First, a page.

DAVID Cameron will meet backbenchers and party leaders today as he come under pressure to stand strong on English votes for English MPs.
The PM has set the Conservatives on collision course with the Labour party after he said Scottish devolution would come at the cost of Scottish MPs losing some voting rights in Westminster.
Mr Cameron has since repeated claims that the devolution of further powers to Holyrood, promised by all the three main Westminster party leaders during the referendum campaign, had to go “in tandem” with moves to make sure only English MPs were able to vote on laws which applied purely to England.
But with Labour fiercely opposing the loss of influence for its 41 Scottish MPs, the row could hit devolution talks unless the PM uncouples the two issues.
The spat between the two sides prompted Alex Salmond to yesterday warn that the three main parties had effectively “tricked” voters with a devolution promise.
The Scottish First Minister, who is stepping down from the job after his independence dream was rejected by voters in the referendum, said that the “Westminster gang” were already going back on the pledge they made.
Senior Tories will gather at the PM’s country retreat today to discuss plans for reform at Westminster in response to the Scottish referendum result as he came under fire from his own side.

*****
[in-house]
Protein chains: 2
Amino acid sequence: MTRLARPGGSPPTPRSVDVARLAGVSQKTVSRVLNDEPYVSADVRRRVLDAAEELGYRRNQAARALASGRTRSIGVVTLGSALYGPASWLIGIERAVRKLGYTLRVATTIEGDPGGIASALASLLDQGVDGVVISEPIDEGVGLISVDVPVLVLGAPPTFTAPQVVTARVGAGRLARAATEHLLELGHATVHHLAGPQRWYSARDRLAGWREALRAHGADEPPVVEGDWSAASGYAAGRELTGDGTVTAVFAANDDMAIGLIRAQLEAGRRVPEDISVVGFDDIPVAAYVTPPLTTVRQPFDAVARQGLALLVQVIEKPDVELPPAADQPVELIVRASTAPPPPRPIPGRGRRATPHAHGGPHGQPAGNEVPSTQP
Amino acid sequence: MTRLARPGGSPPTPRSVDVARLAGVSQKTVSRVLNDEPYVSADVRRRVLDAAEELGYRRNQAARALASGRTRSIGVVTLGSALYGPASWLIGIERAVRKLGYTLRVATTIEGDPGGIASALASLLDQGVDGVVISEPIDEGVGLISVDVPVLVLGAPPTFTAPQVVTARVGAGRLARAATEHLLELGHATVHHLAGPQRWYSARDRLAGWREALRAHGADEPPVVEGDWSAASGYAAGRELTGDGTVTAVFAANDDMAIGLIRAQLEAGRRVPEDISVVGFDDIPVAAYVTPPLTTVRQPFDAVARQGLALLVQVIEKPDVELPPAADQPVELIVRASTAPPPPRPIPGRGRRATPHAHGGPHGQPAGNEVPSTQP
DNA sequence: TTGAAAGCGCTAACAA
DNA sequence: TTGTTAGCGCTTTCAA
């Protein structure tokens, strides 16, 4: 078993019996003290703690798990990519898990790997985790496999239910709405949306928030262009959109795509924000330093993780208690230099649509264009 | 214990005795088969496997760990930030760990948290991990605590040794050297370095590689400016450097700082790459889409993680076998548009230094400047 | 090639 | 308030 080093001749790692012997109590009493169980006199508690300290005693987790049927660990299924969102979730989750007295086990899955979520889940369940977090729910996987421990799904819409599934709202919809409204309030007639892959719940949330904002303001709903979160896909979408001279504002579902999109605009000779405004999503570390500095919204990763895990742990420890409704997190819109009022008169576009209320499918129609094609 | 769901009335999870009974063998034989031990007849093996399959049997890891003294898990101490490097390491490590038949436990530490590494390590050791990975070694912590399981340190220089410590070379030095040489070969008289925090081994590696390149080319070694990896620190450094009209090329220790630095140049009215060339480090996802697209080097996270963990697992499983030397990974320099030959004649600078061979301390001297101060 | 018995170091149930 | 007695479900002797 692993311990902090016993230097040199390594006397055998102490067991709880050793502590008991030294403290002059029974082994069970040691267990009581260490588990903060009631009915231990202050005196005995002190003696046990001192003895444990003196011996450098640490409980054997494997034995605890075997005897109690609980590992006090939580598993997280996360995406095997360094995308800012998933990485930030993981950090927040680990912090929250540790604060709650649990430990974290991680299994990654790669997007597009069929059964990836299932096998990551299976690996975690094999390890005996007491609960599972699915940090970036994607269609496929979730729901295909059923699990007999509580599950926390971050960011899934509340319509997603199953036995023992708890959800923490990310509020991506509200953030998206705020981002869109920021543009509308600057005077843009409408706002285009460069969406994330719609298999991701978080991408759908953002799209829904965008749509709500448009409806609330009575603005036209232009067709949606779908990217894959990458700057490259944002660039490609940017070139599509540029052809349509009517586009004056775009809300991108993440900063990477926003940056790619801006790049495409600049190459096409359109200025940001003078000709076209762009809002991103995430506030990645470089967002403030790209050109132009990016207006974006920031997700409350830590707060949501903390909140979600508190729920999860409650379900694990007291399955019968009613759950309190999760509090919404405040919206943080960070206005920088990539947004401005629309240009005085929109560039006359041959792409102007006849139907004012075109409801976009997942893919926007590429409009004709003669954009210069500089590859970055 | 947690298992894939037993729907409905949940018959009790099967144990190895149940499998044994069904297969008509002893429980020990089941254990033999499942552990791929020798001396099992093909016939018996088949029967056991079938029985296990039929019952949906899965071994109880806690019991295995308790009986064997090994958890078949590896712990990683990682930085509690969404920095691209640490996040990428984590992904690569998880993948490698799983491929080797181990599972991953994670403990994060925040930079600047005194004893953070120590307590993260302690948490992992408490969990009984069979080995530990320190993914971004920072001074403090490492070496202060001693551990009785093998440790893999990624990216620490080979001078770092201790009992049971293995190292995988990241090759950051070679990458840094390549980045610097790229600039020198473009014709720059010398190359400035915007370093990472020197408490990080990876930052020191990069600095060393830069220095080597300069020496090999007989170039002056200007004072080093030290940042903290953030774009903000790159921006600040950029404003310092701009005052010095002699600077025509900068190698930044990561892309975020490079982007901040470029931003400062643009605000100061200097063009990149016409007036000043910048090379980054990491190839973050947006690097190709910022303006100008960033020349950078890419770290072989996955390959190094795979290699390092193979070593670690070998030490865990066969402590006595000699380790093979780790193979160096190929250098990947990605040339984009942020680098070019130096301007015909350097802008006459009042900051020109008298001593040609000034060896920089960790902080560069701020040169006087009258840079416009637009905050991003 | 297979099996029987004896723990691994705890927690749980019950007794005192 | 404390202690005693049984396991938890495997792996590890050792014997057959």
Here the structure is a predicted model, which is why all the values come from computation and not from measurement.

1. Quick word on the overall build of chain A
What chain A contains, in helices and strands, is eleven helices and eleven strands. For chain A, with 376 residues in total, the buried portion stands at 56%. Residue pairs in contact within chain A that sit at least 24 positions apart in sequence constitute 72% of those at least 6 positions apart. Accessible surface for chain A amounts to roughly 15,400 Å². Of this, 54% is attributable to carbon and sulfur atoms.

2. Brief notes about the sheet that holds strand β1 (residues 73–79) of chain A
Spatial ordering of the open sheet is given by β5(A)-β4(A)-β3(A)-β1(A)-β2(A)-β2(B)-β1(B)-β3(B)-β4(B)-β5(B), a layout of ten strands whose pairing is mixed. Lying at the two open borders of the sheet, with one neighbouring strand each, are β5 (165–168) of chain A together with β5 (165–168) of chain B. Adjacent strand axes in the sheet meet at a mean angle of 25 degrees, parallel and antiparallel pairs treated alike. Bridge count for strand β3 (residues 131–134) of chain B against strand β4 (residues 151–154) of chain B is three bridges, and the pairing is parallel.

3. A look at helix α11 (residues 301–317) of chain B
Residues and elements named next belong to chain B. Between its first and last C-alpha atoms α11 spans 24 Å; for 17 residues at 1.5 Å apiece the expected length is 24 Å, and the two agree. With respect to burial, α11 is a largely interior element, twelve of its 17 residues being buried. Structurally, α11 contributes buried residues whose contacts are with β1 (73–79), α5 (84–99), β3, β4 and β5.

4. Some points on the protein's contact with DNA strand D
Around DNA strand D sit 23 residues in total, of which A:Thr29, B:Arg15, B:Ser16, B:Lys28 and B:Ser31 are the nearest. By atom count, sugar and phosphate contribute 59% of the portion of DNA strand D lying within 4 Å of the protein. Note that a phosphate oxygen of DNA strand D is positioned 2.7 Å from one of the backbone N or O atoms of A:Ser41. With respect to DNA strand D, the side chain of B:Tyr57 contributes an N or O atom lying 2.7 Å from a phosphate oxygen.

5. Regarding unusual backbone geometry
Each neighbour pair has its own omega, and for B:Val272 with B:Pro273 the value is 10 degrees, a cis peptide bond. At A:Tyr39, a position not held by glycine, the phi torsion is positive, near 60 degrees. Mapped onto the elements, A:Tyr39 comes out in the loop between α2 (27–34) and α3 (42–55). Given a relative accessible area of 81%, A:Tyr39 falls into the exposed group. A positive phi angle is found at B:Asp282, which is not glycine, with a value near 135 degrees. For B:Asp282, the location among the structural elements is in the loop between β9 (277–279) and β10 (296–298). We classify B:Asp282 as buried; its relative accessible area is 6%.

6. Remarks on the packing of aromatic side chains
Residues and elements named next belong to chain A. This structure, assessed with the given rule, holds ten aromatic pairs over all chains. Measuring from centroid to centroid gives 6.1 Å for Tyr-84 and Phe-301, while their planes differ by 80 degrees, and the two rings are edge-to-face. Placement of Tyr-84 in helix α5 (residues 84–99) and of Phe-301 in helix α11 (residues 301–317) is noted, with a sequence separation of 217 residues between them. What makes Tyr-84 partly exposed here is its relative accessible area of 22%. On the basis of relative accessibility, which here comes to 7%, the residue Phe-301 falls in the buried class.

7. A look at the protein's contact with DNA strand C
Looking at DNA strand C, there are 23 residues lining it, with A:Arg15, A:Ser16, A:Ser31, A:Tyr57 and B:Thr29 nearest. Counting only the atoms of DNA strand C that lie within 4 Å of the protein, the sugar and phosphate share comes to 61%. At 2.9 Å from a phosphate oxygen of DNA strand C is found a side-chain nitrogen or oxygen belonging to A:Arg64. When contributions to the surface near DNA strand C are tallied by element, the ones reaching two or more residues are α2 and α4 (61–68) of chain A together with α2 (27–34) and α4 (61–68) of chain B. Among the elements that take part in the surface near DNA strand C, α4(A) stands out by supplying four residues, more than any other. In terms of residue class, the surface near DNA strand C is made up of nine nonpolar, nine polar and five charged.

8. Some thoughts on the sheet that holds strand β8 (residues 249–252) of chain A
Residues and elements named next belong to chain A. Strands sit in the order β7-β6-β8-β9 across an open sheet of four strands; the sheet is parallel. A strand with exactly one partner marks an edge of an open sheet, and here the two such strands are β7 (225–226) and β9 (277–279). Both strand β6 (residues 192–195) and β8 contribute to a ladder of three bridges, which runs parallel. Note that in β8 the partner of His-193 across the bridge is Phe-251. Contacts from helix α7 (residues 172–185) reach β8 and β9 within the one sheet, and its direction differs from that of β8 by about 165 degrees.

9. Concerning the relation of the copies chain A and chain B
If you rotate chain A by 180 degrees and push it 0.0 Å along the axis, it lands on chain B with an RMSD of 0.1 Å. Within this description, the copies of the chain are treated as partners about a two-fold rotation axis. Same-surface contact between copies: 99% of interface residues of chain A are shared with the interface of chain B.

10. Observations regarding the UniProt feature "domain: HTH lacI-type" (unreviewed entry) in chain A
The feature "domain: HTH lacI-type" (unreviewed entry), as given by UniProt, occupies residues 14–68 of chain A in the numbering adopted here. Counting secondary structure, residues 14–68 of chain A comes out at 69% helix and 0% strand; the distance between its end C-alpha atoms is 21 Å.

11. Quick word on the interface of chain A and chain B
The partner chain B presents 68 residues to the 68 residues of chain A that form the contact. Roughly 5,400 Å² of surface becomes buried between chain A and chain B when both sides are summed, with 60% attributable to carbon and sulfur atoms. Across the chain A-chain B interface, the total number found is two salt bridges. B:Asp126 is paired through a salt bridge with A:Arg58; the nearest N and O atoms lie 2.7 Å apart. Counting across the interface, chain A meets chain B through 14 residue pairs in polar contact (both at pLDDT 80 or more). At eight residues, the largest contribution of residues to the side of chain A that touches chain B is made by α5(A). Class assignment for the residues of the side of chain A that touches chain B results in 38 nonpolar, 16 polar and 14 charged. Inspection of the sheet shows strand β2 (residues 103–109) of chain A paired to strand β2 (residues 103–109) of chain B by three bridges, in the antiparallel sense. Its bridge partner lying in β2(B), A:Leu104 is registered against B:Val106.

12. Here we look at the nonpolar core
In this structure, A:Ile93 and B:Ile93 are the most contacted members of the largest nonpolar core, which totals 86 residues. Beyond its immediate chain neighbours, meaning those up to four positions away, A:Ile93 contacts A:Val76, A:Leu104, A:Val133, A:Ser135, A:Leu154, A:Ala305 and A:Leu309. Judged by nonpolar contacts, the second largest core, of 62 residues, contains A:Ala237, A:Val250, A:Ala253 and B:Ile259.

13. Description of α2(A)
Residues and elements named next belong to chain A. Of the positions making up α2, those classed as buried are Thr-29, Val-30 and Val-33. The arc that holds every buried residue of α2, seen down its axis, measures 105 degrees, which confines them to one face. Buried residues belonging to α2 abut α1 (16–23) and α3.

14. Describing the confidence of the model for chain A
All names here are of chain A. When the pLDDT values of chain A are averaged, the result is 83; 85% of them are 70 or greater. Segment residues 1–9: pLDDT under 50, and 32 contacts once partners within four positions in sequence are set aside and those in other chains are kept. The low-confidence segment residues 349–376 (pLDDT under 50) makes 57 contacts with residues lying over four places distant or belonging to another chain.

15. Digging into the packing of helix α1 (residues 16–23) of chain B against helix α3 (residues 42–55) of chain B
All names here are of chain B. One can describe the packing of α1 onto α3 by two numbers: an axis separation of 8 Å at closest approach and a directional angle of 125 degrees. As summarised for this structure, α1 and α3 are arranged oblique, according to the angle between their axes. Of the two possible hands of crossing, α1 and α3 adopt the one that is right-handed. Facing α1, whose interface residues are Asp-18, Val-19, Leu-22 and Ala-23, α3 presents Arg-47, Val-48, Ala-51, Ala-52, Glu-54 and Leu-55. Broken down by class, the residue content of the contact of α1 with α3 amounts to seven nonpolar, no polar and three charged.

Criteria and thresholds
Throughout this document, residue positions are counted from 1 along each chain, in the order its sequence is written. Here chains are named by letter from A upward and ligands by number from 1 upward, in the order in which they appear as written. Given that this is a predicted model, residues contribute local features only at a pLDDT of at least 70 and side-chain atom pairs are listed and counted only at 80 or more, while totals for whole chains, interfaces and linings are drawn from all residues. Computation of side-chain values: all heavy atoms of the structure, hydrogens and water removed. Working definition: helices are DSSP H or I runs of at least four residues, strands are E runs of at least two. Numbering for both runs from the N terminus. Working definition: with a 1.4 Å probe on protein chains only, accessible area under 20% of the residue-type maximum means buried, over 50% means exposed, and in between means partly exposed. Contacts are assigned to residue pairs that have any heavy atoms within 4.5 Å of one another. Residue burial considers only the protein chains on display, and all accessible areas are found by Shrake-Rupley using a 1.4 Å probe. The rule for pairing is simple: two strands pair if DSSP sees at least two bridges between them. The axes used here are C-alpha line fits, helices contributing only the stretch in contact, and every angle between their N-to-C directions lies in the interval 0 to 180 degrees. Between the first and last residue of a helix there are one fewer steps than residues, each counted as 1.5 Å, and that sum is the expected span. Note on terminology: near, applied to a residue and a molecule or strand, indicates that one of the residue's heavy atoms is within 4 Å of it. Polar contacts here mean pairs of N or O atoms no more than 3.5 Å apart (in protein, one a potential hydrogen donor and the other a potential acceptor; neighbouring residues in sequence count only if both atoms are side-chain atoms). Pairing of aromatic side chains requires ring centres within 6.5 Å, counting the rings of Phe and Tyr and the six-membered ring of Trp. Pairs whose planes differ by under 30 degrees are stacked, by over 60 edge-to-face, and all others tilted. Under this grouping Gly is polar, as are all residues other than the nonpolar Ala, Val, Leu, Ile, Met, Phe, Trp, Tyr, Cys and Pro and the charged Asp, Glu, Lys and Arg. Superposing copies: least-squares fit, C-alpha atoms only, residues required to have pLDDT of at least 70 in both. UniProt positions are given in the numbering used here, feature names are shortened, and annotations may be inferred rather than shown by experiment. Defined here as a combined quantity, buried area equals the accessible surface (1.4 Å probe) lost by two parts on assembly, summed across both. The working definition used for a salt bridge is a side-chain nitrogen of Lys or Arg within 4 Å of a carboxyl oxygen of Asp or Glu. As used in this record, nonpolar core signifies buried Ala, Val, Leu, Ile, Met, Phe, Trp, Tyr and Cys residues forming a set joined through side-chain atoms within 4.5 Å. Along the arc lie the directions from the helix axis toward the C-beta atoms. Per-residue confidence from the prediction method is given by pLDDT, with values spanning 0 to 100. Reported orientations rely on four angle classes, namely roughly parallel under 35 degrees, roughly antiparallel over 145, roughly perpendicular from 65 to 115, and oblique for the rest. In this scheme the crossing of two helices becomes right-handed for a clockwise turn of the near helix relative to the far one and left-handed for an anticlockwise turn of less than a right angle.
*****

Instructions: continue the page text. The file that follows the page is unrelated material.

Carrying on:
Yesterday Mr Cameron’s vow to devolve further power to Scotland without consulting the rest of the UK was labelled “disgraceful” by former leadership rival David Davis, while ex-Cabinet minister Owen Paterson said MPs had been kept in the dark about the plan.
At the same time Ed Miliband could face increased pressure from within his own party to agree to moves to address the issue of MPs from Scotland, Wales or Northern Ireland voting on laws which do not affect their constituents, a former minister has indicated.
Kate Hoey said she had been contacted by a number of Labour colleagues about the issue of English votes for English laws, which has been raised up the political agenda by David Cameron’s call for it to be looked at alongside the devolution of further powers to Holyrood.
Labour has the bulk of MPs north of the border and could see its ability to win Commons votes diminished if MPs for Scottish seats were prevented from taking decisions on English-only matters.
Former Liberal Democrat leader Lord Ashdown said Mr Cameron had behaved in a “pretty disgraceful” way by linking the issue of the Scottish powers to English reform.
He told Sky News’ Murnaghan programme: “Mr Cameron, quite deliberately to satisfy his backbenchers, and also to create a trap for Labour, played politics with his own promise.
“That’s pretty disgraceful anyway, to play politics with that promise is, in my view, extremely foolish and extremely damaging.”